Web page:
March 16, 2015

Georgetown McDonough Teaches Business with No Borders

At Georgetown’s McDonough School of Business, being global means more than learning about international business in a classroom.

Since 1995, over 4,500 McDonough graduate students have gone abroad to work on more than 800 international consulting projects across the globe.

Building on this success, the McDonough School is now expanding its global opportunities to undergraduates through a new elective course and fellowship program.

Global Business Initiative

In 2013, McDonough launched the Global Business Initiative in order to ensure that the global mission of the school permeates all aspects of the student experience.

According to Global Business Initiative managing director Ricardo Ernst, the initiative aims to capitalize on Georgetown’s global trajectory in order to develop the school into a premier destination for global business education.

The initiative builds on Georgetown’s longstanding partnerships with multinational corporations through international consulting projects known as the Global Business Experience. For over 20 years, the Global Business Experience has paired graduate students with international organizations in order to address complex business challenges.

Since its inception, students have traveled to 26 cities in 17 countries across four continents.

New Undergraduate Course

In spring 2014, the Global Business Experience was offered as an elective course to undergraduates for the first time.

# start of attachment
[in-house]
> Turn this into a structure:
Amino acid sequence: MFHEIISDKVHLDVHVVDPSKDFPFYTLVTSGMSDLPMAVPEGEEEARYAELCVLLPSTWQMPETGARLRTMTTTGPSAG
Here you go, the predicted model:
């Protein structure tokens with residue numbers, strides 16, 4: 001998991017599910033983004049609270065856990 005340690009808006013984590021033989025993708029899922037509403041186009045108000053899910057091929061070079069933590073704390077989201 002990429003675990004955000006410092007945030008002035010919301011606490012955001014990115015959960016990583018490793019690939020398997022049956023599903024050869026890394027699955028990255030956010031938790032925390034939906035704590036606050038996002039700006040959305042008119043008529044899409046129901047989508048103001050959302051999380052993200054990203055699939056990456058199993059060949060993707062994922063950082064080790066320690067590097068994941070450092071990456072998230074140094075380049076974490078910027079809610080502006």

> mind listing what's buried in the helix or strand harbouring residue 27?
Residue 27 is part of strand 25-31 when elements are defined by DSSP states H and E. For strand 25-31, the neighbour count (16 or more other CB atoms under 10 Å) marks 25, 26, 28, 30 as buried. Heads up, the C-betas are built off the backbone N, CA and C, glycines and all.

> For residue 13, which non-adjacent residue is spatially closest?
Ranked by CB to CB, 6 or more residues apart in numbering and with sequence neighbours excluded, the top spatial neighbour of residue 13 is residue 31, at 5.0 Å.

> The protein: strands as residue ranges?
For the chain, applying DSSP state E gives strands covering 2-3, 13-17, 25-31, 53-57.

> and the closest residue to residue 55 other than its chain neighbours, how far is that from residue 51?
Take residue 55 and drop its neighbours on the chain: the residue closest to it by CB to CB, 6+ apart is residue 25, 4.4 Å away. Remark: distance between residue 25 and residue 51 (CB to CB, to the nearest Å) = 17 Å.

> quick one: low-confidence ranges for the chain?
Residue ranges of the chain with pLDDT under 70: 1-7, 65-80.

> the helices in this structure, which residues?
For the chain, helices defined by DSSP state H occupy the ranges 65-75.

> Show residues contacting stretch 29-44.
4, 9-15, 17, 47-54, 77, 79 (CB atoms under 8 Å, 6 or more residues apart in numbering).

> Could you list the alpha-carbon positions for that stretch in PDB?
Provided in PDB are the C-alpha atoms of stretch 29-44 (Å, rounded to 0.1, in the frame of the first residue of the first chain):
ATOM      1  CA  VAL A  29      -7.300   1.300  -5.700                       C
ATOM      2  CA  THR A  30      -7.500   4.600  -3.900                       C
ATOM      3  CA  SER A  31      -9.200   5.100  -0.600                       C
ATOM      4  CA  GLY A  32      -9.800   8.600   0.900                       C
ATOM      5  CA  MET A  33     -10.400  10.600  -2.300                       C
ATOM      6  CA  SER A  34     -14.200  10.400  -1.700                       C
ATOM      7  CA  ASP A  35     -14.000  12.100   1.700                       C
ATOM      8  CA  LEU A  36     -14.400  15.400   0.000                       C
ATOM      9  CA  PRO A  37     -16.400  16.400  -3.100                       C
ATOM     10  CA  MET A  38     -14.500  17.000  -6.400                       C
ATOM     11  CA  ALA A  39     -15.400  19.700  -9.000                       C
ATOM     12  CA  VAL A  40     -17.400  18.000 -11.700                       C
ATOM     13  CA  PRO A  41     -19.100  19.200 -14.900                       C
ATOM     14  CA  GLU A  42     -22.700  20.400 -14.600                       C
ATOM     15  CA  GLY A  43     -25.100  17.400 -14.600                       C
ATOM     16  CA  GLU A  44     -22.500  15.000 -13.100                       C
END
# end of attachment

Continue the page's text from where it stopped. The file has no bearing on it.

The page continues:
Ernst selected the Spanish confectionary industry as the course’s first focus, dividing students into small teams that were assigned to different companies within the industry.

Throughout the semester, students conducted research in preparation for a class trip to Barcelona over spring break to meet with executives, visit factories and distribution centers, and present their industry recommendations. Their travel was supported by a generous benefactor.

Shilpa Chandran, a senior majoring in international business and finance, was assigned to Mondelez, a multinational food and beverage conglomerate.

With her team, Chandran examined how Mondelez could respond to the trend of growing health consciousness among its consumers, navigate emerging markets, and manage its large portfolio of brands.

“It’s easy to underestimate yourself, but you have a fresh perspective,” Chandran said. “It’s amazing how prepared you are after all these classes in the business school and how even as an undergraduate you can come up with creative ways to address challenges.”

For students like Diego Bacci, a senior majoring in finance and operations and information management, the experience helps to solidify an interest in global business.

“That’s what the MSB is about—giving you global skills because that’s what you are going to face in your career,” Bacci said.

Combining Business with International Affairs

As of January 2015, McDonough and SFS undergraduates will have the opportunity to further explore global opportunities as Global Business Fellows, part of a new joint program between the McDonough School of Business and the School of Foreign Service.

Students in both schools can apply to the program during their sophomore year. Those selected as fellows will take courses in both business and international affairs, engage in public policy programming, and participate in the Global Business Experience.

The program aims to educate leaders who can solve global economic challenges by acquiring a solid foundation in business as well as an understanding of the impact of international policy on the worldwide economy.

Business skills alone are not enough to navigate today’s business world, said Ernst. “You have to bring the tools you learn in the School of Foreign Service and combine them with what you learn in business school about the global economy.”

As Global Business Fellows, students will be uniquely positioned to deal with an increasingly globalized world.

“The right question is not whether globalization is good or bad,” Ernst said. “The question is how you engage in it. Georgetown doesn’t just talk about it. Georgetown does it.”